New Report Reveals the Financial and Human Cost of Medical Errors in Massachusetts

Even here in Boston, where our hospitals are second to none, preventable errors persist in every facet of health care.

medical errors

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Mistakes happen. But it’s when mistakes recur, can be prevented, or are not reported and learned from that they become a much more serious concern. Never is this more apparent than in the health care industry. And unfortunately, recent research reveals medical errors continue to happen, with not enough being done to mitigate them.

The results of a series of studies on medical errors conducted in the Commonwealth were revealed in a report released today by the Betsy Lehman Center for Patient Safety. In the first study, the center analyzed health insurance claims to estimate the excess costs associated with harm caused by medical errors in 2017. The other was a survey conducted by phone with over 5,000 households where members experienced a medical error, detailing the physical, emotional, behavioral, and financial impacts those medical errors had.

There were 62,000 cases of preventable mistakes that lead to harm on the patient recorded throughout the study. And over $617 million in excess health care insurance claims resulted because of those cases. The worst part? That’s a severe underestimation, because common errors such as medication and diagnostic error cannot be identified through health insurance claims data.

One in five Massachusetts residents reported experience with a medical error, two-thirds of the people surveyed were not satisfied with how their health care providers communicated the situation to them, and after incidents like these occurred, about 66 percent of respondents said they did not trust the health care system anymore. And not only do these errors directly affect the patient, but the families of patients reported experiencing long-lasting emotional health issues like depression, anxiety, and anger.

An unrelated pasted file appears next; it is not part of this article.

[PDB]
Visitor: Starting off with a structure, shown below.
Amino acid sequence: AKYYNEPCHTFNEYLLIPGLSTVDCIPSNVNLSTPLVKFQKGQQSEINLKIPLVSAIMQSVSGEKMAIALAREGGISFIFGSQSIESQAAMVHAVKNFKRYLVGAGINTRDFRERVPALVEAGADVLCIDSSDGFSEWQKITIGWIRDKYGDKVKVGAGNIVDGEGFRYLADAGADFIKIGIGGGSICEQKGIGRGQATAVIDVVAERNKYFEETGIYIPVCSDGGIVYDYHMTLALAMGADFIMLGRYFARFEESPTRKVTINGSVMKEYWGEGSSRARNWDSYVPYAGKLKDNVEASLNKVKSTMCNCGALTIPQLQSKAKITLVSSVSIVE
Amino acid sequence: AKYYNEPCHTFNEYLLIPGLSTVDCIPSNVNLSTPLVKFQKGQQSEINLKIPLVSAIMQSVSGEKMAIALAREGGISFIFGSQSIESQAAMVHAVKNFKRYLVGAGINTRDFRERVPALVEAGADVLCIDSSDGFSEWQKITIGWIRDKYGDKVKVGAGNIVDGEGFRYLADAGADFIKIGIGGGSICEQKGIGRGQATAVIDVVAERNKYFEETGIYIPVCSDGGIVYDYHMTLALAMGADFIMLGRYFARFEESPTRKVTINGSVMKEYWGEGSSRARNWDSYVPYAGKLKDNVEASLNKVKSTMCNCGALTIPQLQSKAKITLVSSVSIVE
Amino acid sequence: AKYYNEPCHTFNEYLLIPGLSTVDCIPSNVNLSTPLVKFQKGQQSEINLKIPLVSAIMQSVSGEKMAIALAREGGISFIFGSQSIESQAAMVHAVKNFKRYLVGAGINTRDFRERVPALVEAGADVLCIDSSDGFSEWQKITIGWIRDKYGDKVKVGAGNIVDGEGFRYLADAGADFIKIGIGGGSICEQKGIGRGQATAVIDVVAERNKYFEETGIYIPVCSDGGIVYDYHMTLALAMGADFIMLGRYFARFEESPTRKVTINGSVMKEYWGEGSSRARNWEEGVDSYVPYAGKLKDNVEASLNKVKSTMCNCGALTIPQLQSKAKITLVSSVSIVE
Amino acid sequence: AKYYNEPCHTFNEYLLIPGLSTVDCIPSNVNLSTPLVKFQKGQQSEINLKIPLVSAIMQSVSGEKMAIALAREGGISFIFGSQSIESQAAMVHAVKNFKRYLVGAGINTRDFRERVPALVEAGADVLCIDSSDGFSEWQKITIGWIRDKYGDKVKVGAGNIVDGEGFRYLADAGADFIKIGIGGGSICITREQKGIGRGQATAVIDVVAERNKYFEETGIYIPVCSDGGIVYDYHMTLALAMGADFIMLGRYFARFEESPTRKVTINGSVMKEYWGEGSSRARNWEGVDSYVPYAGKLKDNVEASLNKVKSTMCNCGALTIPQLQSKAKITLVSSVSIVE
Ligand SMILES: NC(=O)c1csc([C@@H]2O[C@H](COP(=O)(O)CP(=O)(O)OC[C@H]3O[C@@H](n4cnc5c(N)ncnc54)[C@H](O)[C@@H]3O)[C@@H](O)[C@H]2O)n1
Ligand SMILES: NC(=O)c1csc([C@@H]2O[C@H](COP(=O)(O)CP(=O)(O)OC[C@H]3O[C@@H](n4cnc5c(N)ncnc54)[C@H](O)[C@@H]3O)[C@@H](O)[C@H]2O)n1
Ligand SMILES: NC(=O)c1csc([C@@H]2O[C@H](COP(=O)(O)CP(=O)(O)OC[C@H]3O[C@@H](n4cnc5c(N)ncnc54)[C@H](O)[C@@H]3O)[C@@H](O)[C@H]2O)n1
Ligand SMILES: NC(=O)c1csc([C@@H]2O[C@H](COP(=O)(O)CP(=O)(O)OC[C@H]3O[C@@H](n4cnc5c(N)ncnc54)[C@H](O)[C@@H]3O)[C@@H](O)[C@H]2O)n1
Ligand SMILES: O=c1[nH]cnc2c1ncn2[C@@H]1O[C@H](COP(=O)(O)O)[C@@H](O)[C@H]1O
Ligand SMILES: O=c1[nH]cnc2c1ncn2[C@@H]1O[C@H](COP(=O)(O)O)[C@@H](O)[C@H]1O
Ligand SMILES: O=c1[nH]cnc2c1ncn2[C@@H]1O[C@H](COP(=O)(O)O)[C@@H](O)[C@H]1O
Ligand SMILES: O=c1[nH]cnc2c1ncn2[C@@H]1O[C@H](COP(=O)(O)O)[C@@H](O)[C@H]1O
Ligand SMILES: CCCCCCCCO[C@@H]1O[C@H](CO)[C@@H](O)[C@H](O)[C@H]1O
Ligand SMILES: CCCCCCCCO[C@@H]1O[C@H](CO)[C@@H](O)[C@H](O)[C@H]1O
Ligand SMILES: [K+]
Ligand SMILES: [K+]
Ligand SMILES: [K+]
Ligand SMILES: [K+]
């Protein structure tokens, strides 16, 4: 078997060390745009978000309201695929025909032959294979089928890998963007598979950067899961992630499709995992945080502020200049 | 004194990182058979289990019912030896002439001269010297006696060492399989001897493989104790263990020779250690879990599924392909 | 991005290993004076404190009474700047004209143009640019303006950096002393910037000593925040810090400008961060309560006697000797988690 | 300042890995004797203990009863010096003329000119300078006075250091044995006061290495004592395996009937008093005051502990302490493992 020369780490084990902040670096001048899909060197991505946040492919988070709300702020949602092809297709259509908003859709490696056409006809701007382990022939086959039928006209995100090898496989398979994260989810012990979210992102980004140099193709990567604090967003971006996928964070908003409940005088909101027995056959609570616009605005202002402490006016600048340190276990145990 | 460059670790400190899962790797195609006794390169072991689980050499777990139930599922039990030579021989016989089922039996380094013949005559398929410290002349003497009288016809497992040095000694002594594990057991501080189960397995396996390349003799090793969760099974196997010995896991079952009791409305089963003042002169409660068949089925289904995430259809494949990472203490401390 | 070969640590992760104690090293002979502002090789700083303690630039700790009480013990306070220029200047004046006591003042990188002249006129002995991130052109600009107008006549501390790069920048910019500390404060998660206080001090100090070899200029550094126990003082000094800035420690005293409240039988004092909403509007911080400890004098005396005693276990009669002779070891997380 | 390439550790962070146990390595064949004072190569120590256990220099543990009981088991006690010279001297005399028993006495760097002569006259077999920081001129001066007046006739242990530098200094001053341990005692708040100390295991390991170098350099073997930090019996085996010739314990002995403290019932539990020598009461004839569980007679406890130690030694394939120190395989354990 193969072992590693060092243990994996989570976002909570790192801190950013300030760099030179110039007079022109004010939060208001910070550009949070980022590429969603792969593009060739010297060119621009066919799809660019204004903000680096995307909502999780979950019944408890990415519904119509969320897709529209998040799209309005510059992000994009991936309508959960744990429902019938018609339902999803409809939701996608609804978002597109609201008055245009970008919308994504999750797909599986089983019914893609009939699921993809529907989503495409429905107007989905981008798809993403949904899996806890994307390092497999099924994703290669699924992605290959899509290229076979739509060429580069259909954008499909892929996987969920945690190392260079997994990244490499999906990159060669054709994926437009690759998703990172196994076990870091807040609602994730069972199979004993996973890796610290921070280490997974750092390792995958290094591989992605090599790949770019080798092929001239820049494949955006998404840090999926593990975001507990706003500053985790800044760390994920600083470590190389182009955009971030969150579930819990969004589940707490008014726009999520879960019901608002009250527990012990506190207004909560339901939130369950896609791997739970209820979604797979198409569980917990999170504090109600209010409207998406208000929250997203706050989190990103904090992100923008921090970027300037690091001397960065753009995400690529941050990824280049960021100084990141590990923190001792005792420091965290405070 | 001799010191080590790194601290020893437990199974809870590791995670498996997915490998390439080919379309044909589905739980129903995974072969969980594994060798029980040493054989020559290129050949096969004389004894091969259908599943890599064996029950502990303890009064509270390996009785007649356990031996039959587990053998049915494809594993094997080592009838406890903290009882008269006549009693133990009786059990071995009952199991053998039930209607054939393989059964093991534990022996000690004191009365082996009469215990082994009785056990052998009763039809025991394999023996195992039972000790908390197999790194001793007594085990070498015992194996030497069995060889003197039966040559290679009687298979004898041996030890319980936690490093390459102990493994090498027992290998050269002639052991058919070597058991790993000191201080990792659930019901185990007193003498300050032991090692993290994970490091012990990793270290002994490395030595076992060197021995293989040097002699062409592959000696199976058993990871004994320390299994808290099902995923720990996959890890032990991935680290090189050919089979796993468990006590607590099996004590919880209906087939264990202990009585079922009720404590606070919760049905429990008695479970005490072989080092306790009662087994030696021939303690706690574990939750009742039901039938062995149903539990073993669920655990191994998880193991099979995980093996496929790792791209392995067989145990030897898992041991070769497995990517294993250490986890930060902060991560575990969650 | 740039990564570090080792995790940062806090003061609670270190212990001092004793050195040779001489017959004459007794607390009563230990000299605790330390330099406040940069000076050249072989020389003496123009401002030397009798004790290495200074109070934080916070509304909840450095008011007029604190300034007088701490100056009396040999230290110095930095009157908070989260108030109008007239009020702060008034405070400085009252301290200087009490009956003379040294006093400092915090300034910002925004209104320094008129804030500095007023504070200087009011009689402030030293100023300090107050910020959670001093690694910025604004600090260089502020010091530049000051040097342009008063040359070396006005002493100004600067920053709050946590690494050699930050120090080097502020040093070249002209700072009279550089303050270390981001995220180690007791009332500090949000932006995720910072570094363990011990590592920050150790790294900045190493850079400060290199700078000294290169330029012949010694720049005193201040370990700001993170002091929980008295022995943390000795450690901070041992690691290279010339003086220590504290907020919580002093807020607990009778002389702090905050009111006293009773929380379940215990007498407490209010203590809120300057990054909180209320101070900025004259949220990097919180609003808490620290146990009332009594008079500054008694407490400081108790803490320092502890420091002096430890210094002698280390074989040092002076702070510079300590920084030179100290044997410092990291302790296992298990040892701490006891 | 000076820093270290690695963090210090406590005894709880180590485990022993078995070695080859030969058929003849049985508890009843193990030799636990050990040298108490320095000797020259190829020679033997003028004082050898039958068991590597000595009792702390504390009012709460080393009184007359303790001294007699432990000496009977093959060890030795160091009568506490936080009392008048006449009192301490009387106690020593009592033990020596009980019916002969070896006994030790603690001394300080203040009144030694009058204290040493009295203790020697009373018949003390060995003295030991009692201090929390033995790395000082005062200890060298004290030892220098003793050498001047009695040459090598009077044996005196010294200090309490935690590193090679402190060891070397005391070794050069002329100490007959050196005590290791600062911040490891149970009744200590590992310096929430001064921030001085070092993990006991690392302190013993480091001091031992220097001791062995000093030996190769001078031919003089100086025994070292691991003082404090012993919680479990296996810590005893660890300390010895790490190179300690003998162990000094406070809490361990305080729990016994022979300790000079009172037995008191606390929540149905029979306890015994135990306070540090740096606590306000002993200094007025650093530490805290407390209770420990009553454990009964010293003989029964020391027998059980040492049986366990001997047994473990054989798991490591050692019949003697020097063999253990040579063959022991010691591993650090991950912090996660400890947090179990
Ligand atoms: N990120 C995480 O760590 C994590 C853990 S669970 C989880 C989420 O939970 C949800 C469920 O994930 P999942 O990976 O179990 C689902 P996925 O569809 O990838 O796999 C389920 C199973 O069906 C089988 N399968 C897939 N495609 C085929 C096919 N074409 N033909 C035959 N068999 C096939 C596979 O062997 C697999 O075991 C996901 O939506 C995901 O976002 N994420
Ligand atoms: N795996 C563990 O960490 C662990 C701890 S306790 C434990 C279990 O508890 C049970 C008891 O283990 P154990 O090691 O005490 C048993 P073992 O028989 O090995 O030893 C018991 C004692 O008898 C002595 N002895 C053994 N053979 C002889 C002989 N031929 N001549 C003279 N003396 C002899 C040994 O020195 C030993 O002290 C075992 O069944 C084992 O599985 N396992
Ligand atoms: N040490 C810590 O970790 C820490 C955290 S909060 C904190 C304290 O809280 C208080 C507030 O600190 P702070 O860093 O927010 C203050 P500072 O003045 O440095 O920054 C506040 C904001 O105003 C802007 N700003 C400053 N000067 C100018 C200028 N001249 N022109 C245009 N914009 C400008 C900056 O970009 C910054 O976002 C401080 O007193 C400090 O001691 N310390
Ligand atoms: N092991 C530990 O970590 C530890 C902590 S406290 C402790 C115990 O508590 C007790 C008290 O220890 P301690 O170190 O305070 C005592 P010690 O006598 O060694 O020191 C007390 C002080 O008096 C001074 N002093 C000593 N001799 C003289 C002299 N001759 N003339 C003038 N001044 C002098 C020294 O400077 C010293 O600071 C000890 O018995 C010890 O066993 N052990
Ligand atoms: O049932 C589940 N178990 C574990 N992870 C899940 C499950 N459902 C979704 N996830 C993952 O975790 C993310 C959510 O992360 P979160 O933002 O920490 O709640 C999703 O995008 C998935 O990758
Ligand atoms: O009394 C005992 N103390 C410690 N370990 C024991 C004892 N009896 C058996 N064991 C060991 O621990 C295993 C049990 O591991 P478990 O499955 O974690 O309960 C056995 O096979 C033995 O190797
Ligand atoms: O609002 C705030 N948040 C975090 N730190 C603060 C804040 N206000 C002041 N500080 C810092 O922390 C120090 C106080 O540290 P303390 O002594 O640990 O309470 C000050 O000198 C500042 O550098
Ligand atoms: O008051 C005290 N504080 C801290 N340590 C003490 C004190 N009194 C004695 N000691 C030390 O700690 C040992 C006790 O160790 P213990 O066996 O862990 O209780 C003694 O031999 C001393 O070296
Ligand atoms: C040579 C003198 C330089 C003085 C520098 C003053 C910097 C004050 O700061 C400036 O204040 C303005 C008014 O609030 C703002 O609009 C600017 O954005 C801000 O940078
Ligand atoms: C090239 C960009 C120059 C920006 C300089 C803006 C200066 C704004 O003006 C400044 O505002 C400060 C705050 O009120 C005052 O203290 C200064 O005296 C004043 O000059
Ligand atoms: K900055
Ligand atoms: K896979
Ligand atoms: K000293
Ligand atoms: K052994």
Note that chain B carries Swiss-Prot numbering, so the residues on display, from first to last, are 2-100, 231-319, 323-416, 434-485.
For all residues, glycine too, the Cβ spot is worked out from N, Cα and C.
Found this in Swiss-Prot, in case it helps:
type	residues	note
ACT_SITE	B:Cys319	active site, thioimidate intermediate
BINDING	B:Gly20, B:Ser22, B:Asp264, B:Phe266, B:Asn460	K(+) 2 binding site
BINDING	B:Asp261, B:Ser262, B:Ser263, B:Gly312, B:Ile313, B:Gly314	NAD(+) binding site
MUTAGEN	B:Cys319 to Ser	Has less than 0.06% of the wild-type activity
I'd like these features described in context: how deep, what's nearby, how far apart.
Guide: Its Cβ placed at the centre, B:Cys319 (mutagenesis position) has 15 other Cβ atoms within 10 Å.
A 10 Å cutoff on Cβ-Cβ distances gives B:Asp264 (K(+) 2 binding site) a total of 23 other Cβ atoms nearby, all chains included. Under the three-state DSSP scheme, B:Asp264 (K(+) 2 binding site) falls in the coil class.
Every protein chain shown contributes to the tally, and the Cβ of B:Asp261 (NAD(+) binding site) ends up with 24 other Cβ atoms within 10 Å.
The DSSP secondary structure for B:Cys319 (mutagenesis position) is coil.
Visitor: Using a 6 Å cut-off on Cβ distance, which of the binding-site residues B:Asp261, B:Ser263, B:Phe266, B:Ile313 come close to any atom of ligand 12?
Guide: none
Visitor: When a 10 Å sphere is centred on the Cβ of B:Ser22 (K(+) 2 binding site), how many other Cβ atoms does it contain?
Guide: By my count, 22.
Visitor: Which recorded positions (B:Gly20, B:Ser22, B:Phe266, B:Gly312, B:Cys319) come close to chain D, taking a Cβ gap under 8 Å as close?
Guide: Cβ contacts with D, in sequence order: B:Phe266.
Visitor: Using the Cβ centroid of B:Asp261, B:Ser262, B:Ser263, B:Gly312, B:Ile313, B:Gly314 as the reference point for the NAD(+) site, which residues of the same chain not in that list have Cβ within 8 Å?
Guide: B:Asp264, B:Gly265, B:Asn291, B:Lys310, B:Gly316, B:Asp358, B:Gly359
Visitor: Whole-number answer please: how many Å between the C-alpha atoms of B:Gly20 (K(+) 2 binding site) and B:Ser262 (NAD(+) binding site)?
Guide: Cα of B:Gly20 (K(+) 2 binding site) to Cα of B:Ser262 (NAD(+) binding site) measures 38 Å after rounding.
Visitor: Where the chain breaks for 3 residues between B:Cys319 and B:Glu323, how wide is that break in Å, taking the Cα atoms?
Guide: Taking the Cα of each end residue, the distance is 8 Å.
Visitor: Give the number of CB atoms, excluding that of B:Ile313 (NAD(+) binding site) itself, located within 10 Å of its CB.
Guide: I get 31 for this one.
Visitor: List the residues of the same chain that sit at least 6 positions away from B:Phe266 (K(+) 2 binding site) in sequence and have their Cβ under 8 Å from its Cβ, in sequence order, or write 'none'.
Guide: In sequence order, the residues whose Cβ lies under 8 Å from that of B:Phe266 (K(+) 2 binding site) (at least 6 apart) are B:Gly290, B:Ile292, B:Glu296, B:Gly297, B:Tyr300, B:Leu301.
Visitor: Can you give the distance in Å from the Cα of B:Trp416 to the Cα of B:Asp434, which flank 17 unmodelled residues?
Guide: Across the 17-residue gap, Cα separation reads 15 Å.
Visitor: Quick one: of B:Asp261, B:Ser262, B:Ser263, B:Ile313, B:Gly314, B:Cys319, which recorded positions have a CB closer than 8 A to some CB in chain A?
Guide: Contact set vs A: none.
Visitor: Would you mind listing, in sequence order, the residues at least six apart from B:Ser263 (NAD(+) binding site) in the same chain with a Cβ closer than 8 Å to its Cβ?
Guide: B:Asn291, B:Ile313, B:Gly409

Even more, nearly 40 percent of patients and families in the survey observed routine care or events they were not pleased with and did not report them to anyone because they didn’t believe it would do any good. Which begs the question: How are we supposed to advocate for our health when we’re so conditioned to trust health care professionals?

It’s also worth noting, as explored in Boston’s longread, the Secret Truth About Boston Doctors, that health care providers, administrators, and regulators rarely feel empowered to flag and act against bad doctors. So who is really looking out for our best interests, if not ourselves and our loved ones?

Hospitals and health care in Boston are regularly ranked some of the best in the country, but we are not unique in the challenges that we face when it comes to patient safety and preventable errors. To mitigate these problems and address the findings in this report, the Betsy Lehman Center is creating a forum called the Health Care Safety and Quality Consortium that will manage a process to develop a “Roadmap to Safety and Quality” for the state. It will set up initiatives under four pillars of elements for patient safety: transparency, culture, learning systems, and support for patients and providers.

But the biggest thing you can do is to advocate for your health and for the health of others. Meaning, if something doesn’t look or feel right, speak up. It does make a difference.